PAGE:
Atrial fibrillation (AF) is diagnosed with an electrocardiogram, the gold standard in clinics. However, sufficient arrhythmia monitoring takes a long time, and many of the tests take place in only a few seconds, which can miss arrhythmia. Researchers have developed a combined method to detect the effects of AF on atrial tissue.
The researchers characterized tissues obtained from patients with or without atrial fibrillation by scanning acoustic microscopy (SAM) and Raman spectroscopy (RS) to construct a mechano-chemical profile. They classified the Raman spectral measurements of the tissue samples with an unsupervised clustering method, k-means, and compared their chemical properties. Besides, they utilized scanning acoustic microscopy to compare and determine differences in acoustic impedance maps of the groups.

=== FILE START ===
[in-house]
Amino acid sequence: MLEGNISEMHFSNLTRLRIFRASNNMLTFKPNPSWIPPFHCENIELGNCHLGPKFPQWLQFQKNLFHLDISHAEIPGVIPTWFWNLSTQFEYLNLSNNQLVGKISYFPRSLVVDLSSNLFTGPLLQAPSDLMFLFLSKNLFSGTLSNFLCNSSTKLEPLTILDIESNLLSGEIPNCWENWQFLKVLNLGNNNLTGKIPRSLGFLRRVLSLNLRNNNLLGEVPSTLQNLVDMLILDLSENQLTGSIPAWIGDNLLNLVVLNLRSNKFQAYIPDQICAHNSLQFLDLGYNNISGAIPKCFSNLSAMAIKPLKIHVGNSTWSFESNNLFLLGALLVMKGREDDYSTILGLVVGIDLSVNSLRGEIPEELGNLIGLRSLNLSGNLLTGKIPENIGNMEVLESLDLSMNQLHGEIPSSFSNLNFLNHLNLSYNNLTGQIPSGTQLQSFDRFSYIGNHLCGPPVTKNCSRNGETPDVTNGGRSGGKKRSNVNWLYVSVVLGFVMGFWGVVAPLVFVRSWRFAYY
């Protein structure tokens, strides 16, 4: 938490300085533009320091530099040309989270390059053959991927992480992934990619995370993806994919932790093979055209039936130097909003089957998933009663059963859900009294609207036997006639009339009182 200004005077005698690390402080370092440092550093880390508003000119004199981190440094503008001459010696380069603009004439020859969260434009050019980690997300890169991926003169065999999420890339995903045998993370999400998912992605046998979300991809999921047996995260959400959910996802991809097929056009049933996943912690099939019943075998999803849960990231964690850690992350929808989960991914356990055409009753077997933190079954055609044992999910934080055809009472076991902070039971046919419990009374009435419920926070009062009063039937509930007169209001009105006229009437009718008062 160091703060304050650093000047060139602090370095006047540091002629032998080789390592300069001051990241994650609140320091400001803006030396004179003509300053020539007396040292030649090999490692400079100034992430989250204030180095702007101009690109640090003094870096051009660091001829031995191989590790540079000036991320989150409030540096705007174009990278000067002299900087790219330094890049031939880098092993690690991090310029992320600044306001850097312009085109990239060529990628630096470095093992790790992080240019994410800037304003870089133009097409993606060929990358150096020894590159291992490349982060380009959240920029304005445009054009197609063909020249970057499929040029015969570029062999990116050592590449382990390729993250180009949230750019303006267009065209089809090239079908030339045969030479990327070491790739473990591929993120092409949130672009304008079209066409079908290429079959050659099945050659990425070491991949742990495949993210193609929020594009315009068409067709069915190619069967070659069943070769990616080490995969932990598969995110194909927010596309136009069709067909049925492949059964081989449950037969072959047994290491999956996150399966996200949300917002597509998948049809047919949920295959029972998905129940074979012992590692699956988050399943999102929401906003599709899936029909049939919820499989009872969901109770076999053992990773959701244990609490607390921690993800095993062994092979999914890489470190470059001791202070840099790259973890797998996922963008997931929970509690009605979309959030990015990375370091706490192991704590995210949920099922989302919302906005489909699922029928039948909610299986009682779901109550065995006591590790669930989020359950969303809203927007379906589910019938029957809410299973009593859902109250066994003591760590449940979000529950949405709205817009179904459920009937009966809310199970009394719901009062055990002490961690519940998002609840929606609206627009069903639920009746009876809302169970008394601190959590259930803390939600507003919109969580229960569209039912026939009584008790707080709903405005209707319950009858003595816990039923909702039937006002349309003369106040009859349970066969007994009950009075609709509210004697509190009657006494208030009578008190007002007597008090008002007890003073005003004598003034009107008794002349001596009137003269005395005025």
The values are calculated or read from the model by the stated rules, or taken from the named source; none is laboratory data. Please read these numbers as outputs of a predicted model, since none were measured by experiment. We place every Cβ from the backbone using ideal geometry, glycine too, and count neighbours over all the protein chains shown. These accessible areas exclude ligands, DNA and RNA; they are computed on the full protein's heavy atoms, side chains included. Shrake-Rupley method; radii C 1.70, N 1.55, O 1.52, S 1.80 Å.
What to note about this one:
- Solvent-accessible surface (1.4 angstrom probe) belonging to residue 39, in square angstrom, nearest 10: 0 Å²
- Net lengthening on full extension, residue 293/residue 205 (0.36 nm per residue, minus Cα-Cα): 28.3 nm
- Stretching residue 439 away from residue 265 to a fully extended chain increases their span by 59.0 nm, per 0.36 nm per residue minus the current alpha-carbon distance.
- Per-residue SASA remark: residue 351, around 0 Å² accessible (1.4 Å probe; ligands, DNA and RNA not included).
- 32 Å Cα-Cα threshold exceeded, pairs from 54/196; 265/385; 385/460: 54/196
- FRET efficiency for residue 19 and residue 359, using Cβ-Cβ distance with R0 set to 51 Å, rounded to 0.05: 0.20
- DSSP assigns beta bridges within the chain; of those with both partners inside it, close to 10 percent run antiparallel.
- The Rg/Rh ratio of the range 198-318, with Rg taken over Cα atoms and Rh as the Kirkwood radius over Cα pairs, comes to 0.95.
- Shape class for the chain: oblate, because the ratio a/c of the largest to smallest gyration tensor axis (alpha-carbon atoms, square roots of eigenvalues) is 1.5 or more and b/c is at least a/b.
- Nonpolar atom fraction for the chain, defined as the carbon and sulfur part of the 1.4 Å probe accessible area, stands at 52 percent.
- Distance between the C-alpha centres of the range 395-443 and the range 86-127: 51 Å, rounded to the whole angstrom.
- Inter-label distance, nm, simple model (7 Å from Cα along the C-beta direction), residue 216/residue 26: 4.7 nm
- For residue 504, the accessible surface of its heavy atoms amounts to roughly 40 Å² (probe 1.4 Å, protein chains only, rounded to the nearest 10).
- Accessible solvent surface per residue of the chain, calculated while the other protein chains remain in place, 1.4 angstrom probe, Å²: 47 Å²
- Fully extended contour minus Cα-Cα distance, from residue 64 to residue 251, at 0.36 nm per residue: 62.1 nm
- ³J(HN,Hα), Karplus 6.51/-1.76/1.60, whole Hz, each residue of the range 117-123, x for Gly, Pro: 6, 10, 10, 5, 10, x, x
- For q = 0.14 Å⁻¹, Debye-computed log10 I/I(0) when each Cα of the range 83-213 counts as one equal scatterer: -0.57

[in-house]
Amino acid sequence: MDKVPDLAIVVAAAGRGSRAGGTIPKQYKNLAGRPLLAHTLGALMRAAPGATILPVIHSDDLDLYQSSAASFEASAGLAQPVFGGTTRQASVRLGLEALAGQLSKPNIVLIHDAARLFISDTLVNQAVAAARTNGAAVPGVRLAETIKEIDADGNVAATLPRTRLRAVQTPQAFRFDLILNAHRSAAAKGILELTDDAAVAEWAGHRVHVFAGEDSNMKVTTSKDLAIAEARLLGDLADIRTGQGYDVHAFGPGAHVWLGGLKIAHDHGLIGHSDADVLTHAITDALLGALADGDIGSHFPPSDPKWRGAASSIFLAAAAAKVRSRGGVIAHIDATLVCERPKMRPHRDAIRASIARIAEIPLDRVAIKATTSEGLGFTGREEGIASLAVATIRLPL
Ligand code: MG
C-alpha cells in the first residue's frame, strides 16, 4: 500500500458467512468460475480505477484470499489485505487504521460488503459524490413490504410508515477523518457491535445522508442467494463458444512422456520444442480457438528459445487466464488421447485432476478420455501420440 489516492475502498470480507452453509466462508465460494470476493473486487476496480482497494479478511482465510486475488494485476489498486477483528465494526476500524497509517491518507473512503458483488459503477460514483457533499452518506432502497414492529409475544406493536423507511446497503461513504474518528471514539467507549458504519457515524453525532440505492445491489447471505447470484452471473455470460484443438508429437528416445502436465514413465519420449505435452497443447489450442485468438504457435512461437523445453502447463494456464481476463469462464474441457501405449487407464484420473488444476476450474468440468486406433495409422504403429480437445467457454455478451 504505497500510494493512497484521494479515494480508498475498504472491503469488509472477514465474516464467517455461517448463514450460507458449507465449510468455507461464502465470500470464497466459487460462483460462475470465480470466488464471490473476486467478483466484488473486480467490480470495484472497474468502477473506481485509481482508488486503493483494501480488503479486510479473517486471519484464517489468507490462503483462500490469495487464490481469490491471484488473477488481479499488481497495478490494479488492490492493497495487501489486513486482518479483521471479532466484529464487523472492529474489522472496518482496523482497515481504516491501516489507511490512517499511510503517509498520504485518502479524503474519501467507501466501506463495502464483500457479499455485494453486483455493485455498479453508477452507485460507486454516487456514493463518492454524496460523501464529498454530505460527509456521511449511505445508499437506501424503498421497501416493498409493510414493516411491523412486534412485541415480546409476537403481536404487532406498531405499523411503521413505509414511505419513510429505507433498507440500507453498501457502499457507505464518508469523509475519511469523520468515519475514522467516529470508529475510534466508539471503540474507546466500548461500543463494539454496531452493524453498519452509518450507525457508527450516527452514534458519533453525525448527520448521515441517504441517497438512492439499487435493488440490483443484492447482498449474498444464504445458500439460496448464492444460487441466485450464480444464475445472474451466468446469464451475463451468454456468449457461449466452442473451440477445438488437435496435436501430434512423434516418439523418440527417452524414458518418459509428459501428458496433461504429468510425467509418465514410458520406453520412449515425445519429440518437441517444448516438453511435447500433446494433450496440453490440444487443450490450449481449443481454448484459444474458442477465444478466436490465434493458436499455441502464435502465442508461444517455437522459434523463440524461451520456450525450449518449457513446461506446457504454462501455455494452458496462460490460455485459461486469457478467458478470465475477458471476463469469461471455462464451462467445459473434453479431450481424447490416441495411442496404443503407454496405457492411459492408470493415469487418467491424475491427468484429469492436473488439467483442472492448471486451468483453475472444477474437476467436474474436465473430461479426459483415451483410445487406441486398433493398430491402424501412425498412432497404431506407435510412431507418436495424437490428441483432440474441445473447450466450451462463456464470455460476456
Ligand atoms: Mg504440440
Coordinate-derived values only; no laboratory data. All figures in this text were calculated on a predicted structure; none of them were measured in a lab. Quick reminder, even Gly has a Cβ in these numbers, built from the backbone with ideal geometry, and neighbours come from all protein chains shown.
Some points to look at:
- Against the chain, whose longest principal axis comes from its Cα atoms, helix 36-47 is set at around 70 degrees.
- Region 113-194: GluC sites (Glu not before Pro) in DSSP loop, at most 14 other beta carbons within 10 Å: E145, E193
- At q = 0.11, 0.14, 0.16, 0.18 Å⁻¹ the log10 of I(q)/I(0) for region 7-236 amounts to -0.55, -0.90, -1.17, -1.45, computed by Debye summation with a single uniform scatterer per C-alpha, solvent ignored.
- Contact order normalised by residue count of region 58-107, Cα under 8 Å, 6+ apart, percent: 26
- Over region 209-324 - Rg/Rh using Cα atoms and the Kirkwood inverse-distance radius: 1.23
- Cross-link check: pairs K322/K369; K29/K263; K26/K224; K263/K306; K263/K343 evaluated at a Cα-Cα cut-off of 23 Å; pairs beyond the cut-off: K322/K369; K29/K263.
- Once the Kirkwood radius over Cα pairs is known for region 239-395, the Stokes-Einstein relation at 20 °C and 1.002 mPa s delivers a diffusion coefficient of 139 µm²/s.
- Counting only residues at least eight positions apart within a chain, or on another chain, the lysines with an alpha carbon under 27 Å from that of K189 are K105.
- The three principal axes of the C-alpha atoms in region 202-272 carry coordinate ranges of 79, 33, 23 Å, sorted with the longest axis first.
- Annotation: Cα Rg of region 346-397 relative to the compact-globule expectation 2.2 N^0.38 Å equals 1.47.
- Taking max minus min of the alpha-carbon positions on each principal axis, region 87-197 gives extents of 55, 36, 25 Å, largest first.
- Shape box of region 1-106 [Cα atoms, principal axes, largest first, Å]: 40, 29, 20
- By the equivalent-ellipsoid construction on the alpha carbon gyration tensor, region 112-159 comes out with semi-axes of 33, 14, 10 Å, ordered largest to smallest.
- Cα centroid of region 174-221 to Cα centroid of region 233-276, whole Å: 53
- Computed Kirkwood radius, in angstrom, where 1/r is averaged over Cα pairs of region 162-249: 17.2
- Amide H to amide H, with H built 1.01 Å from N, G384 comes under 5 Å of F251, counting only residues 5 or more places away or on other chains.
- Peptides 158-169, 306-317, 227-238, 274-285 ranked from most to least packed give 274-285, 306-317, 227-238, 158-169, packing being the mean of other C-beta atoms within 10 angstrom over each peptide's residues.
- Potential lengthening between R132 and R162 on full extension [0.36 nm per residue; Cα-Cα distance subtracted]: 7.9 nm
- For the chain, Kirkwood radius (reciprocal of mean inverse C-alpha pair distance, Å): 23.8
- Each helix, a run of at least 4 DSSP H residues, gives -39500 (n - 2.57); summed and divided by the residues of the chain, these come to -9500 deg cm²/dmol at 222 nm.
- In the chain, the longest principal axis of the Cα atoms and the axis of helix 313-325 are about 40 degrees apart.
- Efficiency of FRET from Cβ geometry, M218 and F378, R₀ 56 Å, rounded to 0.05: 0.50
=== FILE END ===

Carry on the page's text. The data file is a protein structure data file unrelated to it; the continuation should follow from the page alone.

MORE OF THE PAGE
The researchers compared the clinical outcomes with their findings using a neural network classification for Raman measurements and ANOVA for SAM measurements. Consequently, they showed that the stiffness profiles of the tissues corresponding to the patients with or without chronic atrial fibrillation or who experienced postoperative AF are in agreement with the lipid-collagen profiles obtained by the Raman spectral characterization.
Coronary artery bypass surgery, which redirects blood through a healthy vessel taken from the leg, arm, or chest, is the surgical technique applied to patients with blocked or partially blocked arteries in their hearts.